Should You Reduce Your Taxes By Reducing Your Income?

7658159678_0041ab3d5e_zThe answer is clear: No!

Family child care providers who have asked me a version of this question over the years are focusing on the taxes they pay, rather than the profit they earn.

Would you be better or worse off in these situations?

  • You raised your rates, or started enforcing your late pick up fees, or started charging a registration fee and earned $100 more per month
  • The Food Program increased its reimbursement rates
  • You won $1,000 in your state lottery

In all of these situations your taxes would be higher. But you would be better off after paying the taxes!

Let’s look at the first example.

You earn $100 more per month, or $1,200 more for the year. You will pay 15.3% Social Security taxes on this amount, plus federal and possible state income taxes. Your income taxes will be based on your family’s adjusted gross income and might range from a total of 15% to 30%. So, your total tax on the $1,200 will be somewhere between $360 (15.3% + 15% x $1,200 = $360) and $540 (15.3% + 30% x $1,200 = $540).

Therefore, after you pay these taxes you will have somewhere between $840 ($1,200 – $360 = $840) and $660 $1,200 – $540 = $660).

Are you better off with an extra $660-$840 in your pocket after taxes? Yes! Is this still true even though your taxes went up by $360 to $540? Yes, again!

So, do not focus on how much tax you are paying. Instead, look at your profit. You always want a higher profit, regardless of how much extra in taxes you will pay on this profit. Your tax rate will never be above about 45%, so you will always be keeping at least 55% of extra income/profit after taxes.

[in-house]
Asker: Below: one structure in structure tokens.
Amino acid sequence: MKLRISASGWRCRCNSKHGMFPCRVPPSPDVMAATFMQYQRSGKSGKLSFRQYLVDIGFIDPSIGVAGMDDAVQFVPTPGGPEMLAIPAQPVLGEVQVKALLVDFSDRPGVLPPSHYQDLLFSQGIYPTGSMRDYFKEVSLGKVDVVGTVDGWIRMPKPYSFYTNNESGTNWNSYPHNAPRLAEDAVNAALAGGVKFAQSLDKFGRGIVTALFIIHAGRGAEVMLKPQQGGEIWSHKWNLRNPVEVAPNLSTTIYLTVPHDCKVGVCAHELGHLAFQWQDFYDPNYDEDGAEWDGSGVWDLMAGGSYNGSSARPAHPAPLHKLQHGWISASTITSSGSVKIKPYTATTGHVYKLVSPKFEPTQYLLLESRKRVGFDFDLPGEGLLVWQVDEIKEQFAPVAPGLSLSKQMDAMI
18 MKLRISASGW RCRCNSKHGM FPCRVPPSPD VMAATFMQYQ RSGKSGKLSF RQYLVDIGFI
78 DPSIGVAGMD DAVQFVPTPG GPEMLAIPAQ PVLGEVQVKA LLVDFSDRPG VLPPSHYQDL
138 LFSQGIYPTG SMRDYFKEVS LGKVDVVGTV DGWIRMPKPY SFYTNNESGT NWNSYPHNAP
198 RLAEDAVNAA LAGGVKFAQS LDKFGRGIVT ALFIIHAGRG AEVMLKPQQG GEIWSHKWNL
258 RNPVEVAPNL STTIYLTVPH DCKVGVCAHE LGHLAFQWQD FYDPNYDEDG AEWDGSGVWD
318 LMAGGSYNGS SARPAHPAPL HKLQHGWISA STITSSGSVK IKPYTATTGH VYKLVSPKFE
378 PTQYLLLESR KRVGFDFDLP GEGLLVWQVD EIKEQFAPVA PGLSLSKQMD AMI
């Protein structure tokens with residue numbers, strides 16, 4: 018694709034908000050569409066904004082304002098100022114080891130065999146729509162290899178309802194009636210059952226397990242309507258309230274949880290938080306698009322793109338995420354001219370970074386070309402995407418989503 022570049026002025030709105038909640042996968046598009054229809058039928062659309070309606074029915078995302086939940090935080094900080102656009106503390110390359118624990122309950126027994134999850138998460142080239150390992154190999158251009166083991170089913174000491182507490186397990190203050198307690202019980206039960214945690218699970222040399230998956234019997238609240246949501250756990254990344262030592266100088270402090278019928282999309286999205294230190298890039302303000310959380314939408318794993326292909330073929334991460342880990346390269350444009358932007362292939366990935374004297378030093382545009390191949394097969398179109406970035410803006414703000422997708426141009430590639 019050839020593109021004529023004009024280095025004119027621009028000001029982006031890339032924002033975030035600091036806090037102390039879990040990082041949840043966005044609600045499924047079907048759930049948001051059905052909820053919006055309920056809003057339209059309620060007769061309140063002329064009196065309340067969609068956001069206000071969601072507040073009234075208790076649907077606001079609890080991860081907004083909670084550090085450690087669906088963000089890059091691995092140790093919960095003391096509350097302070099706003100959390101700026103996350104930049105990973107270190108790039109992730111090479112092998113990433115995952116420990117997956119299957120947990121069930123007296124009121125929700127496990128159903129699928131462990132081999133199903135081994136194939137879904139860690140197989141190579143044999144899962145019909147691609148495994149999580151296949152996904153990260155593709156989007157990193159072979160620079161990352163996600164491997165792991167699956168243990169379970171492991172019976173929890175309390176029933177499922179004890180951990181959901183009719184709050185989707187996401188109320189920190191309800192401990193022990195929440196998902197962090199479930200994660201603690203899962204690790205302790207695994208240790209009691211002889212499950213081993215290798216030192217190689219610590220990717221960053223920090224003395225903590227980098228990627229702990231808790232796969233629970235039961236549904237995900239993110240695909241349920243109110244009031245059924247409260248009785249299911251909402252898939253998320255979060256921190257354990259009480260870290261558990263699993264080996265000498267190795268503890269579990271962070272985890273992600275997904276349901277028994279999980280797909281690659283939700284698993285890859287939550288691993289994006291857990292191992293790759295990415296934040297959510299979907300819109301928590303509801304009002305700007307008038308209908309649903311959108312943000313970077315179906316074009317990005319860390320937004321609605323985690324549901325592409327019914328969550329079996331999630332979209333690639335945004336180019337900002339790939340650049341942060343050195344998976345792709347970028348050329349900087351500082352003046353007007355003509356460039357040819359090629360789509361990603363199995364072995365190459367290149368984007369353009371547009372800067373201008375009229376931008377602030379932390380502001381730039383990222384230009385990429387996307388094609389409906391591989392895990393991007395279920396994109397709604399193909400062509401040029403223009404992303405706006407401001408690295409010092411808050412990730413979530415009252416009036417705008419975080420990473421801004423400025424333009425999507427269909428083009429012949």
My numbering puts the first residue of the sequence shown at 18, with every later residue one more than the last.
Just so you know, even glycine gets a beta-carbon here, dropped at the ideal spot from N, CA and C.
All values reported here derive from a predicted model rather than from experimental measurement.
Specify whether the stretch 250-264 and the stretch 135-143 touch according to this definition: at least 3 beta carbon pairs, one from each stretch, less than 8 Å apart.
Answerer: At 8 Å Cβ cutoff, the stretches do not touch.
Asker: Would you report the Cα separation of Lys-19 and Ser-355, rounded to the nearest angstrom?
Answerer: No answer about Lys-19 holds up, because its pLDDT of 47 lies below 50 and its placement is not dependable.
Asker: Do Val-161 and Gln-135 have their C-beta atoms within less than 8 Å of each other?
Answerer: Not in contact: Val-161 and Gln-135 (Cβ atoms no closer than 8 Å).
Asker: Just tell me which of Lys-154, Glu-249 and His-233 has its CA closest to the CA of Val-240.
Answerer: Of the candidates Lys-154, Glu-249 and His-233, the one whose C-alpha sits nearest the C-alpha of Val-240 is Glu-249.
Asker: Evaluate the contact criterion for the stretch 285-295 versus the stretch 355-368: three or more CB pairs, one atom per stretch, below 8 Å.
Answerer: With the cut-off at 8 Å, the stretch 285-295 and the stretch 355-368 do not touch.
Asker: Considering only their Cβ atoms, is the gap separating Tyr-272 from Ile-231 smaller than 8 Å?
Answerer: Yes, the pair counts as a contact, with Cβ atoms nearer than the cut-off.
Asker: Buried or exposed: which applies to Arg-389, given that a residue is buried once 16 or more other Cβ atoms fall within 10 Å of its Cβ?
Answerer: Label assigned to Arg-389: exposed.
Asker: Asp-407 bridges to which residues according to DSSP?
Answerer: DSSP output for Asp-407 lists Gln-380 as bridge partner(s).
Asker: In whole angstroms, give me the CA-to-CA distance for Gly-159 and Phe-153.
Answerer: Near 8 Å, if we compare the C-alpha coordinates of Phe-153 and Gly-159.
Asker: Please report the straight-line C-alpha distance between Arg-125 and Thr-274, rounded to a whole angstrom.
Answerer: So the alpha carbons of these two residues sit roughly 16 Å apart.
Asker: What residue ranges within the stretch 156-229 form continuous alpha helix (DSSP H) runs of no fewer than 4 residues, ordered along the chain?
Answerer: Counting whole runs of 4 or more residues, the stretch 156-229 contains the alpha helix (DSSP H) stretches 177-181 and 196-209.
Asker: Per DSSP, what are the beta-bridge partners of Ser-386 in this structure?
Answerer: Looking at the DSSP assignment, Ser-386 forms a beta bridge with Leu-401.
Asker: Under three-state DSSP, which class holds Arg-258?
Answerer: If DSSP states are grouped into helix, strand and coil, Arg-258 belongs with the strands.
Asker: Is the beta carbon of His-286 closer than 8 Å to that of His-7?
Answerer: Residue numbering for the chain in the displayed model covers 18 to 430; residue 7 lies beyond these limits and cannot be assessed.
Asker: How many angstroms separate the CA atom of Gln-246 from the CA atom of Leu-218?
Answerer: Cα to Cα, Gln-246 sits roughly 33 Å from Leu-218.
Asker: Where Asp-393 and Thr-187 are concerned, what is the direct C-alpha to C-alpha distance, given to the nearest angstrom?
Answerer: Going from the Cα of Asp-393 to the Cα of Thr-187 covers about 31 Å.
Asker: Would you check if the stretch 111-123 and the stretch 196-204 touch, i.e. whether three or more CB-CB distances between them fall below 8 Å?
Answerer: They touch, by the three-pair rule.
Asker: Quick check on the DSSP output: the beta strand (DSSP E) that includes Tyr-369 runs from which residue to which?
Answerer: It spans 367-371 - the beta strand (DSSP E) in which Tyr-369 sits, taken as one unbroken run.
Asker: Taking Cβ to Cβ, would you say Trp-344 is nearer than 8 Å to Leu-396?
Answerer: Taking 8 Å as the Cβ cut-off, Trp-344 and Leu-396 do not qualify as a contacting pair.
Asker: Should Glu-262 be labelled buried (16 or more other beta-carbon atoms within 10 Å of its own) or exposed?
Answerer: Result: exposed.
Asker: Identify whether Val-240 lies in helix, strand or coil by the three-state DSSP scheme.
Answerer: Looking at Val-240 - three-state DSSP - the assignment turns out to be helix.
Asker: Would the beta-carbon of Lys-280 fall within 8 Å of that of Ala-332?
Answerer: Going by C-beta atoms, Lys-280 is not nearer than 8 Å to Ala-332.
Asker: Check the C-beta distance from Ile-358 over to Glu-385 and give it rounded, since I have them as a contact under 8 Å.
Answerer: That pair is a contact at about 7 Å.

Buy more?

Sometimes providers ask me a slightly different question:

“My expenses are less this year than last year, so I’m think about buying more toys so I don’t pay more taxes this year. Should I do this?”

Whether you are trying to reduce your income or increase your expenses, my response is the same. Don’t do it!

You never want to spend money just to get a deduction. If you spent $1,200 more in a year and were able to deduct it all, your taxes would go down by about $360 to $540. Your taxes would never go down by $1,200. Why spend $1,200 to get back $540 from the IRS? Instead, keep your money. Only spend it on things that are necessary to improve the quality of your program.

See my article: “It’s Deductible! Why Shouldn’t I Buy It?”

In conclusion: you always want more income and you never want to spend money just to get a tax deduction.

Tom Copeland –

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Categories: Record Keeping & Taxes, Tax Return

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